By In Dance 1 hour 11 min

Sutra is the befitting title of this powerful and poetic piece, featuring seventeen warrior monks of the Chinese Shaolin Temple performing in collaboration with the Belgian-Moroccan choreographer, (born 1976), who together have composed a mesmerizing aphoristic journey akin to the unfurling of a Buddhist scripture. In a cultural embrace between Eastern philosophy and Western aesthetics, British sculptor, Antony Gormley (born 30th August 1950), has also joined forces to create the most perfectly complementary minimalistic set design alongside Polish composer, Szymon Brzóska's plaintive musical score, as we traverse the passage of a man's spiritual life from cradle to grave.

A teacher-guru passing on his knowledge to his young protégé huddled over a miniature model of the stage opens the performance, like deities presiding over the fate of mankind. But soon the infant monk abandons his tutor and joins the troupe of Shaolin monks as they display their acrobatic kung fu skills with staffs and sabres, gymnastic balances, synchronized formations and mindful tai chi amidst a labyrinth of wooden boxes. Ingeniously, over the course of the unfolding drama, these plain pinewood crates metamorphose into an array of arresting images: coffins, bridges, walls, temples, graveyards, cityscapes, dominoes, bookshelves, even a budding lotus flower.

More specifically, each box is representative of the confines of self, an encasement in which each monk metes out control over his mind and body within the confines of space and time, beautifully counterposed by the rigidity of the cuboid shapes set against the dancers' fluidity of movement. Indeed, as the child disciple's games take on the challenge of integrating the theory of the monastery into practice in the real world, as audience we also forced to confront our own voyage of self-discovery and rediscover the common thread of humanity that unites us all.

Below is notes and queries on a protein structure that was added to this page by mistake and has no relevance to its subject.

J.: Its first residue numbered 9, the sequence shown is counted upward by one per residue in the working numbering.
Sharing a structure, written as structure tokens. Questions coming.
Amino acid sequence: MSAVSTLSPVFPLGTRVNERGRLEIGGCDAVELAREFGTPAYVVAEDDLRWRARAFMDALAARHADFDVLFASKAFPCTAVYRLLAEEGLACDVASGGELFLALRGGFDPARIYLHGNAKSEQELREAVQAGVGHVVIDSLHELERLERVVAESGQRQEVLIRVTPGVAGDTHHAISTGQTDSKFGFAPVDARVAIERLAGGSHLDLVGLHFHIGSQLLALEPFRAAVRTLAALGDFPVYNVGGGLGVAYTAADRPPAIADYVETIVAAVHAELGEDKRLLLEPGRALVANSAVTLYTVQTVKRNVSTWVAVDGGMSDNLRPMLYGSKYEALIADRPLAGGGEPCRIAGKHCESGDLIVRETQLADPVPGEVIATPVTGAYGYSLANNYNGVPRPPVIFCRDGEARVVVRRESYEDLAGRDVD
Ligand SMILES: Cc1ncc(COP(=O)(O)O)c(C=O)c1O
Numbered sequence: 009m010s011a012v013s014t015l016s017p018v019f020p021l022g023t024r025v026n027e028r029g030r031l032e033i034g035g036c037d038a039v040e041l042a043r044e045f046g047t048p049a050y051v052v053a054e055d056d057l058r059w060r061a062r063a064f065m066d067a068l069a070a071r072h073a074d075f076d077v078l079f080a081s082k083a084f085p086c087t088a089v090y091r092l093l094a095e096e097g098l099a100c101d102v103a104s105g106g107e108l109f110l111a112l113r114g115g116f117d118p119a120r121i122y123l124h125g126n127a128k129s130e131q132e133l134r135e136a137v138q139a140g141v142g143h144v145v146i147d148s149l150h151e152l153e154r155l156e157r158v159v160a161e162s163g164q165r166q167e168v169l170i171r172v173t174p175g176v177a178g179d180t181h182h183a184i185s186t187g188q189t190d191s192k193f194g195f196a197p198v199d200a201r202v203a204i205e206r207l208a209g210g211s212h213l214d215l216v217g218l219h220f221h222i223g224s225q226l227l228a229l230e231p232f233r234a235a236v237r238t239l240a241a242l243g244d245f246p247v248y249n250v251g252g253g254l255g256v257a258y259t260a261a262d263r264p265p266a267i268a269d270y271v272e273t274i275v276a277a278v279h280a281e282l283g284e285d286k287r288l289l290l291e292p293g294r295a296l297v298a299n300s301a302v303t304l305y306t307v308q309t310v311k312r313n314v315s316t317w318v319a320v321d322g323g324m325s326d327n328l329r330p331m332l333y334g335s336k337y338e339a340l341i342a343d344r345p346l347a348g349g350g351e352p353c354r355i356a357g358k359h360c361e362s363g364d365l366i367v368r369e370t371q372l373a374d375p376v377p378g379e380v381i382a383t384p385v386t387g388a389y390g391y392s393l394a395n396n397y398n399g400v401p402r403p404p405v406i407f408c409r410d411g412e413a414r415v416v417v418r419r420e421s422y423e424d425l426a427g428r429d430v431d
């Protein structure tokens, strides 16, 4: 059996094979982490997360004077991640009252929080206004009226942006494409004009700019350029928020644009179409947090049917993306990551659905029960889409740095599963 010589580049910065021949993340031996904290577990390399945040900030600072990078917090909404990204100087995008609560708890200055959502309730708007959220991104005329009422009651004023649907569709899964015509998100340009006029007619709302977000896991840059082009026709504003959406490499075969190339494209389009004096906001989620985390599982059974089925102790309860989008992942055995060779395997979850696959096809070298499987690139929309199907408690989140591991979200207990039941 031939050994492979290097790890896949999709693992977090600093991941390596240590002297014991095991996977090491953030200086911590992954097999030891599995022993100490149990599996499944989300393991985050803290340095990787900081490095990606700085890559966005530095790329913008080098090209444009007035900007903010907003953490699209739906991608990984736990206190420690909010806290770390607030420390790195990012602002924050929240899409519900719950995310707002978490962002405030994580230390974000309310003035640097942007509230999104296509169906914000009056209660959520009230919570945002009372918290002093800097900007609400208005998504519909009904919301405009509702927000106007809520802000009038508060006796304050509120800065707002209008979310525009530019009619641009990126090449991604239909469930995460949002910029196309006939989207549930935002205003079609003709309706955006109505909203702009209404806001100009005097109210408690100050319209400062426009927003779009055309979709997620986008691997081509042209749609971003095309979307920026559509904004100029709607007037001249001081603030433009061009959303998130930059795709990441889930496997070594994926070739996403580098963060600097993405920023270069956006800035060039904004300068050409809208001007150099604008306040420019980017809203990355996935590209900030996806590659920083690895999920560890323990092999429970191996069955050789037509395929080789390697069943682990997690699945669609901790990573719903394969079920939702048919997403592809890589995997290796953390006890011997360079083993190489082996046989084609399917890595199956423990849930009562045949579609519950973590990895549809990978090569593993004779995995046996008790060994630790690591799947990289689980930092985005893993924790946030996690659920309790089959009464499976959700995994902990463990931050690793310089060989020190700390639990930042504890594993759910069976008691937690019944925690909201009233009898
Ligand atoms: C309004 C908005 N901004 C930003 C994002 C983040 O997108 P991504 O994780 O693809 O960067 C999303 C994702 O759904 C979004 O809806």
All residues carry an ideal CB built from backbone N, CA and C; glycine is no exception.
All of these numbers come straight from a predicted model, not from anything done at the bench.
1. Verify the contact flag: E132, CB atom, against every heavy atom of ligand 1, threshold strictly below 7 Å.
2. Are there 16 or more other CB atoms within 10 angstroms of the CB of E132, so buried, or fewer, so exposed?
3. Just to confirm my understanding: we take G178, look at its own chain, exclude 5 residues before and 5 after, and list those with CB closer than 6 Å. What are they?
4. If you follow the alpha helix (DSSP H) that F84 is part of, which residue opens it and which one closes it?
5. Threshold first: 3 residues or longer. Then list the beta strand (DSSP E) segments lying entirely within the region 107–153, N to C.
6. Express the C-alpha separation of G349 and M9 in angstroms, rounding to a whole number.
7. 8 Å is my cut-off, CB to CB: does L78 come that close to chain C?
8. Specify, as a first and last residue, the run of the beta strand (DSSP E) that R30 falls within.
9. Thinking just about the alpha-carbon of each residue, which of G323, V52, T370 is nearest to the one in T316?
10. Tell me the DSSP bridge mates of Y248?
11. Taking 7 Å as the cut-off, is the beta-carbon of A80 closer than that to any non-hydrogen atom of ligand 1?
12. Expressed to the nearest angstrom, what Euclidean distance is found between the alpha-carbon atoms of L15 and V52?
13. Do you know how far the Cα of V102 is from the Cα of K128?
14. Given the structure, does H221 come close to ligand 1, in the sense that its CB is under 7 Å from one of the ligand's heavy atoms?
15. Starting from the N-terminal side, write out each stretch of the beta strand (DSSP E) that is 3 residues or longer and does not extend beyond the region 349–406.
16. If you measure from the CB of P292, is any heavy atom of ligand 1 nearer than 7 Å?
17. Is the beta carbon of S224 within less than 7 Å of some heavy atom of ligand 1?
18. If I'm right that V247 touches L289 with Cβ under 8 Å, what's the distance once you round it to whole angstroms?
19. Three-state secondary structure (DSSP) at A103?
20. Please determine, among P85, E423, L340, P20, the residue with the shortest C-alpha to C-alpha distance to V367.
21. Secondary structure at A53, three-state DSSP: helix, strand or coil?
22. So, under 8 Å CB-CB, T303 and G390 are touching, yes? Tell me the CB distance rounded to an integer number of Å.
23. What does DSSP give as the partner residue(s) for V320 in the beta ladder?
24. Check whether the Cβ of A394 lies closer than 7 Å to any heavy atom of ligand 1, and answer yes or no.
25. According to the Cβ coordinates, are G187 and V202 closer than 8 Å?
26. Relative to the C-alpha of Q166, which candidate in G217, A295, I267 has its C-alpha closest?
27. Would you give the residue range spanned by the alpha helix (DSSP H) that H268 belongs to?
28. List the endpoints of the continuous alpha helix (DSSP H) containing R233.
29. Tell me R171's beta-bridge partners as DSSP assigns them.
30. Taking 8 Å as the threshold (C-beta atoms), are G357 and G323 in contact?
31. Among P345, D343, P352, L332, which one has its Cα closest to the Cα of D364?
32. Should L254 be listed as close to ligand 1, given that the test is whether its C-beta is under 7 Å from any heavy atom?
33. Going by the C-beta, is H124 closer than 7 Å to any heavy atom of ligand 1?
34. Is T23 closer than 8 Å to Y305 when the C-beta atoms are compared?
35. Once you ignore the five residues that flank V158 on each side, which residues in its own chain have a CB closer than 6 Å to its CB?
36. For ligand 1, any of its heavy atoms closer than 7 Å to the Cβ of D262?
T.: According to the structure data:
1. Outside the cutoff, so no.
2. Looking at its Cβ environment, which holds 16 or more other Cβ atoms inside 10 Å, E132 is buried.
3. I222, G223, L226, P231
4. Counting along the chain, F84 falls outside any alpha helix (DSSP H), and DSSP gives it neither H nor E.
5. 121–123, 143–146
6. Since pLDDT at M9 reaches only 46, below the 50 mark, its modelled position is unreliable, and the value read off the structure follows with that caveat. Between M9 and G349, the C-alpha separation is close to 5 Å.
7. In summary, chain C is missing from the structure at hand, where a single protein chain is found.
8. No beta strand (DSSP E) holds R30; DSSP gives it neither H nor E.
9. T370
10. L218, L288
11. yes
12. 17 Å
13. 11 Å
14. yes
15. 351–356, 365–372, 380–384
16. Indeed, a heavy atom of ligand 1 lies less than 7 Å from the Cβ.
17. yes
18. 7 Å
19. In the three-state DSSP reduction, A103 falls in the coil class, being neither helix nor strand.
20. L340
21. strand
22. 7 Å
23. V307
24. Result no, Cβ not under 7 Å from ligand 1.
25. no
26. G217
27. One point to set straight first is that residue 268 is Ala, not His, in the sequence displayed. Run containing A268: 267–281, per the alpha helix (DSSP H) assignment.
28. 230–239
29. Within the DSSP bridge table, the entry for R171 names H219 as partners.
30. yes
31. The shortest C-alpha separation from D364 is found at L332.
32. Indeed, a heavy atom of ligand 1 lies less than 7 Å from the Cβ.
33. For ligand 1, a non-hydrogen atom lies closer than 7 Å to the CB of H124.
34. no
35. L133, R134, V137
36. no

The inspiration of pure dance, with the body released as an expressive subject in its own right, detached from concerns with narrative, has been an inspiration for thirty years … [I am] less interested in the courtly disciplines of traditional ballet and more in the evolution begun by Martha Graham, in which the body and its relationship to the floor and gravity opened up new expressive potentials for the language of the body in motion. While spending a great deal of time trying to make material equivalents to what it feels like to inhabit a body … [I] consider the dancer's life the most generous and demanding of any profession, using life itself as the primary medium of communication.

Antony Gormley

Leave a Comment